A Facebook petition has seen more than 170,000 people "like" a facebook page asking Malaysian Prime Minister Najib Razak to quit, days after an electoral reform rally was broken up by police firing tear gas.
The page titled "100,000 People Request Najib Tun Razak Resignation" was set up on Saturday, the same day police arrested more than 1,600 people during the mass protest in the capital Kuala Lumpur.
Backed by opposition parties, electoral reform group Bersih 2.0 mobilised thousands of people to hit the streets in the biggest rally in four years, piling the pressure on Najib with elections widely expected next year.
Following the demonstration, the page attracted around 300 "likes" per minute, hitting its 100,000 target early Monday and the number has been steadily increasing with the page showing 172,868 "likes" on Wednesday morning.
"I don't understand why the harshness, the beatings (by police) and the tear gas," said a post by supporter Sofie Muhammad on the page. "The crowd didn't even throw stones at the shops, why is the government afraid? All we want is free elections."
Others felt the prime minister was too far removed from what was happening on the ground.
"Najib is out of touch. He cannot understand (the) pain of tear gas, irritation of chemical water, pain of being kicked and beaten up by (police)," said Longyao Phang in another post on the page.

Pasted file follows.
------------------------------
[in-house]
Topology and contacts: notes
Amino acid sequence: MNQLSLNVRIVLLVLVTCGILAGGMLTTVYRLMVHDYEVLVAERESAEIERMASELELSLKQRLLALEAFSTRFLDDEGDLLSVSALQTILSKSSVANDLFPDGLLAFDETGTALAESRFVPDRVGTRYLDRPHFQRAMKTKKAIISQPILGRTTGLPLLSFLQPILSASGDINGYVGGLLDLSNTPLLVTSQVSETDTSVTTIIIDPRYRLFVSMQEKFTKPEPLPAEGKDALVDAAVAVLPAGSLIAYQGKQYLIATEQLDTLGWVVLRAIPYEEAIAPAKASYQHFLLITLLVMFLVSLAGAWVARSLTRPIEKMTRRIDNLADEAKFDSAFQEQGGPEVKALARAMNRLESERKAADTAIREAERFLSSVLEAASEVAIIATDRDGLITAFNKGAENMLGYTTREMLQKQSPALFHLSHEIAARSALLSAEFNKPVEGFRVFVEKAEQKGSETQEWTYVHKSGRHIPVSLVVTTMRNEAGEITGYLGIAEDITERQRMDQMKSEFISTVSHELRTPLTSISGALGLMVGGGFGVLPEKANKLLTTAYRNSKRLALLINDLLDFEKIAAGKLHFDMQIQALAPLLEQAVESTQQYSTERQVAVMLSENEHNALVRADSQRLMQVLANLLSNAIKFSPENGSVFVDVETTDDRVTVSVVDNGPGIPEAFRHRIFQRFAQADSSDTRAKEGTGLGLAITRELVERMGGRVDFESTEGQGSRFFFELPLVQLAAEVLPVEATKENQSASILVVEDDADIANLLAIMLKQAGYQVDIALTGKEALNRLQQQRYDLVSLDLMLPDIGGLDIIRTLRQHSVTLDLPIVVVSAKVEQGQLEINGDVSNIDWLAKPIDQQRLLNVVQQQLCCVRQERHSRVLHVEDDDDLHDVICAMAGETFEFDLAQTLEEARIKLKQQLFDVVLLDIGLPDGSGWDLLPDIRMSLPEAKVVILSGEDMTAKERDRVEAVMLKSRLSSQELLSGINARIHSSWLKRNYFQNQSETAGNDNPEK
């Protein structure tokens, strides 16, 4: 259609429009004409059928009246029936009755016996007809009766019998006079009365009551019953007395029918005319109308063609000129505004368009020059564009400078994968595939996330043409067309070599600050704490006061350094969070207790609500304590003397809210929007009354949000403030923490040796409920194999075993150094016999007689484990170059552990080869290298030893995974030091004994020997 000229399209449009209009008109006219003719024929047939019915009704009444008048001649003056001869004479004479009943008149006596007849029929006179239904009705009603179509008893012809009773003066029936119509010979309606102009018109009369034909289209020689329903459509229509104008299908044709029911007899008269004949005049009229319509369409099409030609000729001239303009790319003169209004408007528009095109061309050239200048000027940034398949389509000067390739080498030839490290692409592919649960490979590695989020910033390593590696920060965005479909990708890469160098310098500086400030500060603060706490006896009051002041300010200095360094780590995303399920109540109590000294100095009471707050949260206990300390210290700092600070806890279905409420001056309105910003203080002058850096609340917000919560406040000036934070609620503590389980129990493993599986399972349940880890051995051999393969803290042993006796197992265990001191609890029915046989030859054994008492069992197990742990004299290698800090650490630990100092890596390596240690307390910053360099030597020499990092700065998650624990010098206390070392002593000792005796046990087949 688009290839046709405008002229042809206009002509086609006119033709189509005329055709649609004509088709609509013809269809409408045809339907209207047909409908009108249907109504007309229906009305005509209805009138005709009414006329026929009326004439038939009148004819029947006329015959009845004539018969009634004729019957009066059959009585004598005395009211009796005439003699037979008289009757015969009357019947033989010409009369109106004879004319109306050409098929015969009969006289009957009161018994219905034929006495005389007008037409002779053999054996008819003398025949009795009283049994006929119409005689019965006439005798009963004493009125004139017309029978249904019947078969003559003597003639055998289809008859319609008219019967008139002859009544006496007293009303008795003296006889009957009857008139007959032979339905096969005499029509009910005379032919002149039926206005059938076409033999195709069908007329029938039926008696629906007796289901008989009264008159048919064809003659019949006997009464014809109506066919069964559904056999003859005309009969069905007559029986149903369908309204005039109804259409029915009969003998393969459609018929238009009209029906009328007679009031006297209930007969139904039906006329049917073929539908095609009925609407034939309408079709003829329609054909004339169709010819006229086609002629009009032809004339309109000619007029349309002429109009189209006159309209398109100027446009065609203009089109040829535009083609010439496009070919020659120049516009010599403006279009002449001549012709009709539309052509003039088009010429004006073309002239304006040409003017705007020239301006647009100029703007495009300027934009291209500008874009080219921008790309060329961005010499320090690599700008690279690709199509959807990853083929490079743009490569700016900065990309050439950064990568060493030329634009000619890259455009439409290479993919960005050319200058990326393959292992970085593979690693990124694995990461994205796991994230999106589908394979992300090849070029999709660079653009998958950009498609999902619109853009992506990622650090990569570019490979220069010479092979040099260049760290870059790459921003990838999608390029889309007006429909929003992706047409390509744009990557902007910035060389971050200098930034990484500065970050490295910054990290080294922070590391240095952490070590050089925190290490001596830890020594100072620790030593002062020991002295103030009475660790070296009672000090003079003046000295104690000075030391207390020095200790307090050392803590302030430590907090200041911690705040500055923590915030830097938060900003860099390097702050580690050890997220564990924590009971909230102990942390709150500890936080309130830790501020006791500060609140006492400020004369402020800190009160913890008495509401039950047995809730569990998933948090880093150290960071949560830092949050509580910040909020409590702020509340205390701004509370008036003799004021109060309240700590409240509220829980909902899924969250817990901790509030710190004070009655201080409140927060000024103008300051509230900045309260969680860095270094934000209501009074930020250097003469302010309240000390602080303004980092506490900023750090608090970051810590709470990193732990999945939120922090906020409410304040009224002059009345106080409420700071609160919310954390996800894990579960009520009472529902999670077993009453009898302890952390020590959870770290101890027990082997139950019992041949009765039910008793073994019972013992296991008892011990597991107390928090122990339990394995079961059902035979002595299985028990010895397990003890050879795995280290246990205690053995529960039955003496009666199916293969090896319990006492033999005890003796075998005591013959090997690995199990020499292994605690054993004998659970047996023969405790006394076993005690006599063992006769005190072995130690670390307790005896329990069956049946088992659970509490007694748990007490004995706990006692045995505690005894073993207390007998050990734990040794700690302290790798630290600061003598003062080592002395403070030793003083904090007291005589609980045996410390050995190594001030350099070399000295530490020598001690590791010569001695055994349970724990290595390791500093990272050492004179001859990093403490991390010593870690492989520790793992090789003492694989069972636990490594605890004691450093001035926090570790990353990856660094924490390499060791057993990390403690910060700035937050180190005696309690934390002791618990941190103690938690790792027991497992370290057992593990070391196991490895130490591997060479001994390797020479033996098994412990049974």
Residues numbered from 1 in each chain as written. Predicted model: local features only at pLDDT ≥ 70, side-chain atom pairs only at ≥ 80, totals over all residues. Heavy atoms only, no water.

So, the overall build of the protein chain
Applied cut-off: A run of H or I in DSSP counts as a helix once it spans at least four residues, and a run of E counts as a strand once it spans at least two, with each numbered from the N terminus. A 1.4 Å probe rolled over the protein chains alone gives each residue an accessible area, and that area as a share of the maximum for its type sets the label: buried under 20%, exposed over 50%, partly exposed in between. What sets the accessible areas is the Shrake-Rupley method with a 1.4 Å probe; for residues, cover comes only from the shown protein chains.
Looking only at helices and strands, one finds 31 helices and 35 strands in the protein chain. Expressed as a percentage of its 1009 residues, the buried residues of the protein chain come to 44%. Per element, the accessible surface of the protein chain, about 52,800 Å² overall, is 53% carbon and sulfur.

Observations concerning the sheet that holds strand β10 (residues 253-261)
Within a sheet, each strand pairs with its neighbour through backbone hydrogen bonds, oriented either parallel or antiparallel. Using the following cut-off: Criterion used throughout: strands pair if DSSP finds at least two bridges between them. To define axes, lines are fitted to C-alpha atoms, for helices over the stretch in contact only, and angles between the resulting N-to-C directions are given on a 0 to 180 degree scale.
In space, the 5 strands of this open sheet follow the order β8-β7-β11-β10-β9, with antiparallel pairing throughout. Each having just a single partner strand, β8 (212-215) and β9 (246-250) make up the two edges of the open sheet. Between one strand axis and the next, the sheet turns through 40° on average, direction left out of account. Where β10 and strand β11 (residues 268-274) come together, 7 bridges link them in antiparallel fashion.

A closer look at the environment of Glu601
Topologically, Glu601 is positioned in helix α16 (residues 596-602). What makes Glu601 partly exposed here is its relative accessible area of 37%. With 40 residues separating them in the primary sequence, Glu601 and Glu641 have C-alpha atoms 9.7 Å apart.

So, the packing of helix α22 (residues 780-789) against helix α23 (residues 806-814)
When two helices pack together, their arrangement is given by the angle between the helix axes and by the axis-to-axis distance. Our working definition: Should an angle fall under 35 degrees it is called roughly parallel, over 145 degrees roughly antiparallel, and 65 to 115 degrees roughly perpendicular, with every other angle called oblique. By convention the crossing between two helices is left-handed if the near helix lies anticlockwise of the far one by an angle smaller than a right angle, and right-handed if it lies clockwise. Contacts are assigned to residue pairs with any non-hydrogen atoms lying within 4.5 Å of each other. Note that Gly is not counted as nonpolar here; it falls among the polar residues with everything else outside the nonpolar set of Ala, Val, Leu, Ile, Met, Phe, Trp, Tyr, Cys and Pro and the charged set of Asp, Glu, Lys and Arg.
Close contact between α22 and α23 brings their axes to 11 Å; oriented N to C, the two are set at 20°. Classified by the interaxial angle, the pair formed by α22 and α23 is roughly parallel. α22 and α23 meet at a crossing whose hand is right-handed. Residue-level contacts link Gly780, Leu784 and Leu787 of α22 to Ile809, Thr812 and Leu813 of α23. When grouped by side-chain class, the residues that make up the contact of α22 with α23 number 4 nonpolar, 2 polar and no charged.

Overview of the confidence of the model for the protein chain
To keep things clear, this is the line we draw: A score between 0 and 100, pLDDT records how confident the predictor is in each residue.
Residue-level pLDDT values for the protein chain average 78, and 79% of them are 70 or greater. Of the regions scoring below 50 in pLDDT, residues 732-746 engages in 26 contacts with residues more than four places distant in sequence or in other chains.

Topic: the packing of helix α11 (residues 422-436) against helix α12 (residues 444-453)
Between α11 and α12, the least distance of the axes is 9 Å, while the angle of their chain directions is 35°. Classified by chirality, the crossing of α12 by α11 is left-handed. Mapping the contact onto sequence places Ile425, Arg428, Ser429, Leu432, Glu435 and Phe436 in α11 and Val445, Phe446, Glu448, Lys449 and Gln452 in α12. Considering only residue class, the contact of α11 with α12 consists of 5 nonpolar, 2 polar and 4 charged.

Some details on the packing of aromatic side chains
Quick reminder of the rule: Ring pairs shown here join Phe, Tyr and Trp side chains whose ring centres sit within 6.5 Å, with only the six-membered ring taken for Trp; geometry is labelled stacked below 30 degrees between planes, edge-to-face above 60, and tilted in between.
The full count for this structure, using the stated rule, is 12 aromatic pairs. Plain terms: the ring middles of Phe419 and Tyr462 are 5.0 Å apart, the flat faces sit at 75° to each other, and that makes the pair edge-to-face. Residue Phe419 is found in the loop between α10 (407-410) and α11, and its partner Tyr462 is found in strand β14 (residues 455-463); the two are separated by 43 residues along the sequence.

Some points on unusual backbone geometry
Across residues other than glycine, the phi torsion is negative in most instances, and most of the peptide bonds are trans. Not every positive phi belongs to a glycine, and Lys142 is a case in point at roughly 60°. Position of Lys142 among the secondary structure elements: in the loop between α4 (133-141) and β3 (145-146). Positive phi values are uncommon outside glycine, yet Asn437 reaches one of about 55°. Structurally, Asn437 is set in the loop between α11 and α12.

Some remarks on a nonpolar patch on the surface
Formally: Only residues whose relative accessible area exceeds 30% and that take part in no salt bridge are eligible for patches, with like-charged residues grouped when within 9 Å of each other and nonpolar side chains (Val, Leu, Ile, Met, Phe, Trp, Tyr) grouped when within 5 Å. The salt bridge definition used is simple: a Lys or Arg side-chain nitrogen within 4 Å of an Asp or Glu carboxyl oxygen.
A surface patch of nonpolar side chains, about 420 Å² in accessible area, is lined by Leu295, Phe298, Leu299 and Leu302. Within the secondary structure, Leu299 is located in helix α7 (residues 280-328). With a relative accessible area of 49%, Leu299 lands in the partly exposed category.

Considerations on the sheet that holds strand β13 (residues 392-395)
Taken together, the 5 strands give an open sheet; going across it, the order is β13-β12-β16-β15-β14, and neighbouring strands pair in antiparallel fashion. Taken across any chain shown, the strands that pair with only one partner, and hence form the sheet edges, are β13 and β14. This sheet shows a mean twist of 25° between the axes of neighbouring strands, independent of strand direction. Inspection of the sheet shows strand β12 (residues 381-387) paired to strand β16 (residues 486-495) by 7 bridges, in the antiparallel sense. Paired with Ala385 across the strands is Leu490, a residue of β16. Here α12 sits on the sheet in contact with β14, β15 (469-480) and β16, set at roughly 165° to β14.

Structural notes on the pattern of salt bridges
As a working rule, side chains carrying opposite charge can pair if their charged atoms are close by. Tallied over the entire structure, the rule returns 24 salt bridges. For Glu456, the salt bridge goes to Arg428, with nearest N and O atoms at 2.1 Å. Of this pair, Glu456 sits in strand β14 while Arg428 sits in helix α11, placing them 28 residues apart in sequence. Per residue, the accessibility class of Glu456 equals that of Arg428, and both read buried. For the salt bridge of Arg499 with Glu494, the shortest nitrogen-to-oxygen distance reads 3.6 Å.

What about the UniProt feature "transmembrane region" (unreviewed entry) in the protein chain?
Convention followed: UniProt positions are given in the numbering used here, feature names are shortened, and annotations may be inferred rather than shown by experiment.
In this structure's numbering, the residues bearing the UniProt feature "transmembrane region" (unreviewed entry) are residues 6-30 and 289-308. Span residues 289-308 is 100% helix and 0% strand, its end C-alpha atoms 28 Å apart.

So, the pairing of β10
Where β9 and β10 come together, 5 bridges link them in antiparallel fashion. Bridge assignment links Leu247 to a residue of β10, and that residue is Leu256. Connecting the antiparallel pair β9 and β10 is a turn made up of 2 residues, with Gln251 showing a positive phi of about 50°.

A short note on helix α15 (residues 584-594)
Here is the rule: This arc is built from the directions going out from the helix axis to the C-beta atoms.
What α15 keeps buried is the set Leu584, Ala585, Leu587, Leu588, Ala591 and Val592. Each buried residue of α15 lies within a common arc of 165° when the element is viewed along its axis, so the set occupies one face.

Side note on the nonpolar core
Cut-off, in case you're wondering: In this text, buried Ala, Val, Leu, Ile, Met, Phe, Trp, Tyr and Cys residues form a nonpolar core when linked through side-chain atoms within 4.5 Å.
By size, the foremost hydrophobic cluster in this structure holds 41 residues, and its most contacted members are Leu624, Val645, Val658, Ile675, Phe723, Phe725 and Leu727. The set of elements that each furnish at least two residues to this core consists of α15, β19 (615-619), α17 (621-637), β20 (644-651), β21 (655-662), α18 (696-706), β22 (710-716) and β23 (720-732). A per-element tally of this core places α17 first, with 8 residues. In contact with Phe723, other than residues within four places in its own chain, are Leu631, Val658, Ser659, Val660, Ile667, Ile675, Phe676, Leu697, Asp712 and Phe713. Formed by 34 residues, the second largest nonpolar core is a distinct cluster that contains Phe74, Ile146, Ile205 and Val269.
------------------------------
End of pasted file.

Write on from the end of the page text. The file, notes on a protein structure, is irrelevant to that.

Bersih activists on Tuesday called for a royal probe into the electoral system, which the opposition says favours Najib's Barisan Nasional coalition, which has ruled Malaysia for half a century but saw its majority slashed in the previous general election, in 2008.
Opposition leader Anwar Ibrahim said the push by concerned democracy activists "augurs well for the future of this country."
"I would appeal to them to continue to monitor developments, exercise their right, have the courage of conviction to stand for what is right," he added.
Najib, who is in Britain on an official visit, has accused Anwar of masterminding the rally and manipulating its organisers to beef up support for his ambition to become the next prime minister.
The premier and his administration have faced previous online attacks with a Facebook petition in October calling for a million Malaysians to reject plans for a 100-storey megatower in Kuala Lumpur.
Malaysians are avid users of social network and micro-blogging sites.
A study by global research firm TNS last year showed Malaysians are the most popular people on the Internet, with an average of 233 friends in their social networks compared with 68 in China and just 29 in Japan.